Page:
Chapter

Internal Colony

Jon Hegglund

in World Views

Published in print March 2012 | ISBN: 9780199796106
Published online May 2012 | e-ISBN: 9780199932771 | DOI: http://dx.doi.org/10.1093/acprof:oso/9780199796106.003.0004

Series: Modernist Literature and Culture

Internal Colony

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This chapter examines Joyce's Ulysses, as an object generated out of imperial cartographies of the internal colony of Ireland. It begins with a critical examination of the nineteenth-century Ordnance Survey of Ireland undertaken by the British military, the first comprehensive cartographic survey of a colonial territory. Moving to Joyce's novel, the chapter shows how Ulysses uses the imperial map of a bounded, objectified colony to emphasize the tensions between the map as a tool of imperial possession and the map as a canvas for the creation of an emergent communal identity. Ultimately, Joyce creates a world that is anti-topographical, subverting the mimeticism of the novel's early chapters with a formalism that denies the possibility of his novel having any kind of stable spatial ground. Such anti-representational formalism extends to the political vision of the novel, which is not necessary nationalist (as some recent critics have argued) but radically anti-national in its suspicion of any static spatial representation of culture.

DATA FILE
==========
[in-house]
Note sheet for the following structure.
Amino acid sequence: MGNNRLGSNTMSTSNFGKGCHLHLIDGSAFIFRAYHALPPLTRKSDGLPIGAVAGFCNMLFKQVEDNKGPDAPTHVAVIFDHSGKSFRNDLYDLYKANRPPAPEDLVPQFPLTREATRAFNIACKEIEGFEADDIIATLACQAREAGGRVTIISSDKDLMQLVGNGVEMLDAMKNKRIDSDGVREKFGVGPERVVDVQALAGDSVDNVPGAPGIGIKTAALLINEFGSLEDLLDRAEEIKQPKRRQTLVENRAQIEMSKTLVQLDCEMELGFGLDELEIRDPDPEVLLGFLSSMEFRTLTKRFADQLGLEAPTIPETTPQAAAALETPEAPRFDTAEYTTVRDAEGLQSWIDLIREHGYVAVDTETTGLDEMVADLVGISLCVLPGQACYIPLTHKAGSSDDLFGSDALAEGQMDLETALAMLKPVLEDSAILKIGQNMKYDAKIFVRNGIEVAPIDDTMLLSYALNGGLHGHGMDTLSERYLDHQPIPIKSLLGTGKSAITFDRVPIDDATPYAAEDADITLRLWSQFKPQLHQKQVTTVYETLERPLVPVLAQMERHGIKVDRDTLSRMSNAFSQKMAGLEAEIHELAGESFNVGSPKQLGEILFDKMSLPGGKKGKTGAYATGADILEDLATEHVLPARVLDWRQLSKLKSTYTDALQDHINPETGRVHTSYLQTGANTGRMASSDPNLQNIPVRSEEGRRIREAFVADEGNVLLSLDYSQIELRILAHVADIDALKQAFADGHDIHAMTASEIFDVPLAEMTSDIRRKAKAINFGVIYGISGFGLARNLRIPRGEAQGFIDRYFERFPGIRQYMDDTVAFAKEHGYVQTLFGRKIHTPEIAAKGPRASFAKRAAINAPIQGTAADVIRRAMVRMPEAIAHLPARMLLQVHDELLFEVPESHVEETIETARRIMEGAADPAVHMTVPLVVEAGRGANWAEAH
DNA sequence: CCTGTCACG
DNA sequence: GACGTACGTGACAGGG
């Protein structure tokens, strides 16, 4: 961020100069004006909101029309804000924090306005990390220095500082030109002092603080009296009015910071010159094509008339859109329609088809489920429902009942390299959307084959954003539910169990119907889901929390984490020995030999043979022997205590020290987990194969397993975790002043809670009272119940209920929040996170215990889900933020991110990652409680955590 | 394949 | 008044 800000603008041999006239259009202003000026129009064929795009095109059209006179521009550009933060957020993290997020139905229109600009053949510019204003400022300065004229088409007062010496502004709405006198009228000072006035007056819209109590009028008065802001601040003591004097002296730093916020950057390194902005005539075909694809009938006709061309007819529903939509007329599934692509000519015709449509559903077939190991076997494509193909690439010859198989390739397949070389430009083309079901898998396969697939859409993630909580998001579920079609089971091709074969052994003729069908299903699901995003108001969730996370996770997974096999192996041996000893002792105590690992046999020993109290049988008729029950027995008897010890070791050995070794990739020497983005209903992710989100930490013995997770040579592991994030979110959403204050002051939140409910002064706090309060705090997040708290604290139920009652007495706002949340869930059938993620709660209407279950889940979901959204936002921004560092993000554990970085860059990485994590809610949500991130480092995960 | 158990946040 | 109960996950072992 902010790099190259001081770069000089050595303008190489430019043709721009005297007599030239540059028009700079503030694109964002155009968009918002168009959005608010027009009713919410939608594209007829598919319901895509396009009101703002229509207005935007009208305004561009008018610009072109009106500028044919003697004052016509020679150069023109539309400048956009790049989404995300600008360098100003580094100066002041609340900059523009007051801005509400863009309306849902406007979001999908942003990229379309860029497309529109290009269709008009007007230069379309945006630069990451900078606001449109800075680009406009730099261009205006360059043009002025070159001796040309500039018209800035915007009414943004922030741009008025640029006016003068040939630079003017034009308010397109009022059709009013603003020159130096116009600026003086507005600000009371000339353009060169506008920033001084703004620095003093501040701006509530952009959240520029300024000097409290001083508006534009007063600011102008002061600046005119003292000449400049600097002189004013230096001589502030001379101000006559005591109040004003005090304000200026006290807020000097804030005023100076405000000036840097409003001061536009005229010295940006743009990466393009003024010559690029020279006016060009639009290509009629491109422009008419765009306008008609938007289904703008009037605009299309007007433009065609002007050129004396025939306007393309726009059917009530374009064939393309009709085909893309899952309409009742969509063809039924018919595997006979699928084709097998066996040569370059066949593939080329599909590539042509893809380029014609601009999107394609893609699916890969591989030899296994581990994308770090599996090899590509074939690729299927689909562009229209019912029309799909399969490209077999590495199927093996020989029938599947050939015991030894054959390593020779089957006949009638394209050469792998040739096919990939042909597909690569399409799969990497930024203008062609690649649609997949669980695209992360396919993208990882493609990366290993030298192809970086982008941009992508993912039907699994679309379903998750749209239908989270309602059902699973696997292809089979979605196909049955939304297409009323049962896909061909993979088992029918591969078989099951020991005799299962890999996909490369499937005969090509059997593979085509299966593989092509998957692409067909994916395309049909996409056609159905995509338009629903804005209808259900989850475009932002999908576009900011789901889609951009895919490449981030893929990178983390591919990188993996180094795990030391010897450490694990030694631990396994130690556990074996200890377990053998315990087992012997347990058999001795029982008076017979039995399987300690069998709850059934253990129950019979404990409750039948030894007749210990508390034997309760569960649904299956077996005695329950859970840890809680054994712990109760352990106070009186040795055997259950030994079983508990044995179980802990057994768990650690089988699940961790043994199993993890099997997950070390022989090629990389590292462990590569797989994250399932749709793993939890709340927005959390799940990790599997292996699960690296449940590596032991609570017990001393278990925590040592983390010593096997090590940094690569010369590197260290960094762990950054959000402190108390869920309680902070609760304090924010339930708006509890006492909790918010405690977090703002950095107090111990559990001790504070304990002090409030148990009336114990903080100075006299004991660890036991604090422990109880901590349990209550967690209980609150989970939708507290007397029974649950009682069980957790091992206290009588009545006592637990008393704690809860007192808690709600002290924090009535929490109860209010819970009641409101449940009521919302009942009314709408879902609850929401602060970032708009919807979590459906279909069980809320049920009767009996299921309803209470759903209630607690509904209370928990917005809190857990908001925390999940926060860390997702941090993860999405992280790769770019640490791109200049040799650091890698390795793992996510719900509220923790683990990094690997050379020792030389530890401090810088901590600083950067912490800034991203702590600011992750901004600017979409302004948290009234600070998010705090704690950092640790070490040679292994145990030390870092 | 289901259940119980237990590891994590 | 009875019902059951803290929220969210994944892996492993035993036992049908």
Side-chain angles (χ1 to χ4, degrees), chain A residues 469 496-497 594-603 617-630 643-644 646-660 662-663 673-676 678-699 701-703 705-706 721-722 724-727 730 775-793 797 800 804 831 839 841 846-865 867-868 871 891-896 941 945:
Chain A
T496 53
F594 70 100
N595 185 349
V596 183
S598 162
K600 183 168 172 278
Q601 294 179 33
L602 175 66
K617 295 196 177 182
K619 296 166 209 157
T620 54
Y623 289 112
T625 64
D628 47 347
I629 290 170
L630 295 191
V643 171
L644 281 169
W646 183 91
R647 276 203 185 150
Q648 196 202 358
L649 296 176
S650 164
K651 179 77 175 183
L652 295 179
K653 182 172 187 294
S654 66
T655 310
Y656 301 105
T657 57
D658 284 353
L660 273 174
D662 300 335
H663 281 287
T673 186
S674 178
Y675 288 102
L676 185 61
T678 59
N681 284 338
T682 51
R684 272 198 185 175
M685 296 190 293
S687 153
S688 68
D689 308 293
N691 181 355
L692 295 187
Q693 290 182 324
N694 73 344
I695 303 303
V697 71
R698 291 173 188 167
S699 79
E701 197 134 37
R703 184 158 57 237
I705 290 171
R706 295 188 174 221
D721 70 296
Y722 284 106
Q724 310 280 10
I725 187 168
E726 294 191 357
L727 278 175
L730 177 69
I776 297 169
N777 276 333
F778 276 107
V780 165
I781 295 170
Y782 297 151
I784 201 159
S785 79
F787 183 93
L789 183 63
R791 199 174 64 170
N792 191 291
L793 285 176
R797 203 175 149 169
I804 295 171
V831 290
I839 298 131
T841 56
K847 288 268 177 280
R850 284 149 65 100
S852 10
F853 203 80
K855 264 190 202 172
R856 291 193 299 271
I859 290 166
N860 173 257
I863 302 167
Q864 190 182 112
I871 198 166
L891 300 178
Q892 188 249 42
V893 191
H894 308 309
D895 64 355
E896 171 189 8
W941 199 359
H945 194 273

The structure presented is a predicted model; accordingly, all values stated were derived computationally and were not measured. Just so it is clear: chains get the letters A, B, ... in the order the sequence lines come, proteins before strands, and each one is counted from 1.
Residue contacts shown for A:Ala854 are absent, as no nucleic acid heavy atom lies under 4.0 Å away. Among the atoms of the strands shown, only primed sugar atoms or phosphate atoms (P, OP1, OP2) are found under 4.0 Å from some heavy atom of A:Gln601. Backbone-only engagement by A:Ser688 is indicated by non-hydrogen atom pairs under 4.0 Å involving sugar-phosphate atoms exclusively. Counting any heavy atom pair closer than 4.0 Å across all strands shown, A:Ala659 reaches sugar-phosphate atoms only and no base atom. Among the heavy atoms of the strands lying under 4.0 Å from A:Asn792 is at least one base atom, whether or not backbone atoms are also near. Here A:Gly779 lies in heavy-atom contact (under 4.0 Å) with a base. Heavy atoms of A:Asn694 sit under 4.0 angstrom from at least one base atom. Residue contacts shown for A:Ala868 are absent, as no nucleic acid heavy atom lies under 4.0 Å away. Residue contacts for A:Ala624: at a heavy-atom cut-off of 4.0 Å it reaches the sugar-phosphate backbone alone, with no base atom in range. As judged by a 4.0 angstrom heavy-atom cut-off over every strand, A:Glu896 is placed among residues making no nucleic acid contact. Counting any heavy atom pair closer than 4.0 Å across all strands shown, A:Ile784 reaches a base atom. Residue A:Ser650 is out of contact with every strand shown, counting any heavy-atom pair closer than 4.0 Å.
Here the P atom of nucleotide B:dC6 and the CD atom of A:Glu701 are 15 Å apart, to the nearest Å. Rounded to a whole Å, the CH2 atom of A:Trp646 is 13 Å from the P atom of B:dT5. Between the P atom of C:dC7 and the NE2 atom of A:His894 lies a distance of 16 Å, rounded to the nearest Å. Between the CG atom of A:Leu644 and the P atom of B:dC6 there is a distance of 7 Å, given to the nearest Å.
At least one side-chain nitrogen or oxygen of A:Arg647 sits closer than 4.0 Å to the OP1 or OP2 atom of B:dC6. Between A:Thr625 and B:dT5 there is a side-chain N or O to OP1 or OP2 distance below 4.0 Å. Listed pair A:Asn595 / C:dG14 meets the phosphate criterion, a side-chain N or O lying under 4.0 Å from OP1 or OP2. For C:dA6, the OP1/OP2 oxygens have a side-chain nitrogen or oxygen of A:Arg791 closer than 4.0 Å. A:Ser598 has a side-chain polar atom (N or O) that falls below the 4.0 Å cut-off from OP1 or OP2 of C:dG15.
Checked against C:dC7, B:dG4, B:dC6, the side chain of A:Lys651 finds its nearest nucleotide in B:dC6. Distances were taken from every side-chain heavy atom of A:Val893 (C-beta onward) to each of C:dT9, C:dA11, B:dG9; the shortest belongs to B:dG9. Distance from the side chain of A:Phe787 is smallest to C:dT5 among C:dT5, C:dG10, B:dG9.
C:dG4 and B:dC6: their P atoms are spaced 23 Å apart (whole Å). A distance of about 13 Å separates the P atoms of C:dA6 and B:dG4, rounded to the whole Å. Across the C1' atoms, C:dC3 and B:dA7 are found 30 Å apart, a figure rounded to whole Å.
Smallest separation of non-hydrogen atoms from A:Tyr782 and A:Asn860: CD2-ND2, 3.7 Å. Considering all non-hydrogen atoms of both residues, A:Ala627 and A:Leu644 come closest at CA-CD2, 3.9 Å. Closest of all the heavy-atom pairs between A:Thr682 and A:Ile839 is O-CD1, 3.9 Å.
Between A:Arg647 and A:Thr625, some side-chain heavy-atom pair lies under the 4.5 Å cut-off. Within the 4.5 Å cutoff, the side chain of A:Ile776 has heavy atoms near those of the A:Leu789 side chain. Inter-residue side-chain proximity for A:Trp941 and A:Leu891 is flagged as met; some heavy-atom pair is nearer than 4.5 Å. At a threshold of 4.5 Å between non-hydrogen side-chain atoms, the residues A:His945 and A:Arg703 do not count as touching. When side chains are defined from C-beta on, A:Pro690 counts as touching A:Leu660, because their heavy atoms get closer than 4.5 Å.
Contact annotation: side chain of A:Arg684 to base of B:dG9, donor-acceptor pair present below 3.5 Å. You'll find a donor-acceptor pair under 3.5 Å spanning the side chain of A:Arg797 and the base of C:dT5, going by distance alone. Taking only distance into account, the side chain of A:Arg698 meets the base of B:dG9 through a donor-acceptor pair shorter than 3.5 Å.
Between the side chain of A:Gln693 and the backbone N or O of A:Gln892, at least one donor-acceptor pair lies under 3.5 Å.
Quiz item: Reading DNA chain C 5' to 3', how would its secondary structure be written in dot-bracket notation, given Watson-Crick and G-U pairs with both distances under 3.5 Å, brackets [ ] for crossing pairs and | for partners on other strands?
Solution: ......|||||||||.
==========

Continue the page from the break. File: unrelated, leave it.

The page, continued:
Keywords: survey; internal colony; cartography; topography; nationalism; James Joyce; Ulysses; Ireland

Chapter.  11986 words.  Illustrated.

Subjects: Literary Studies (20th Century onwards)

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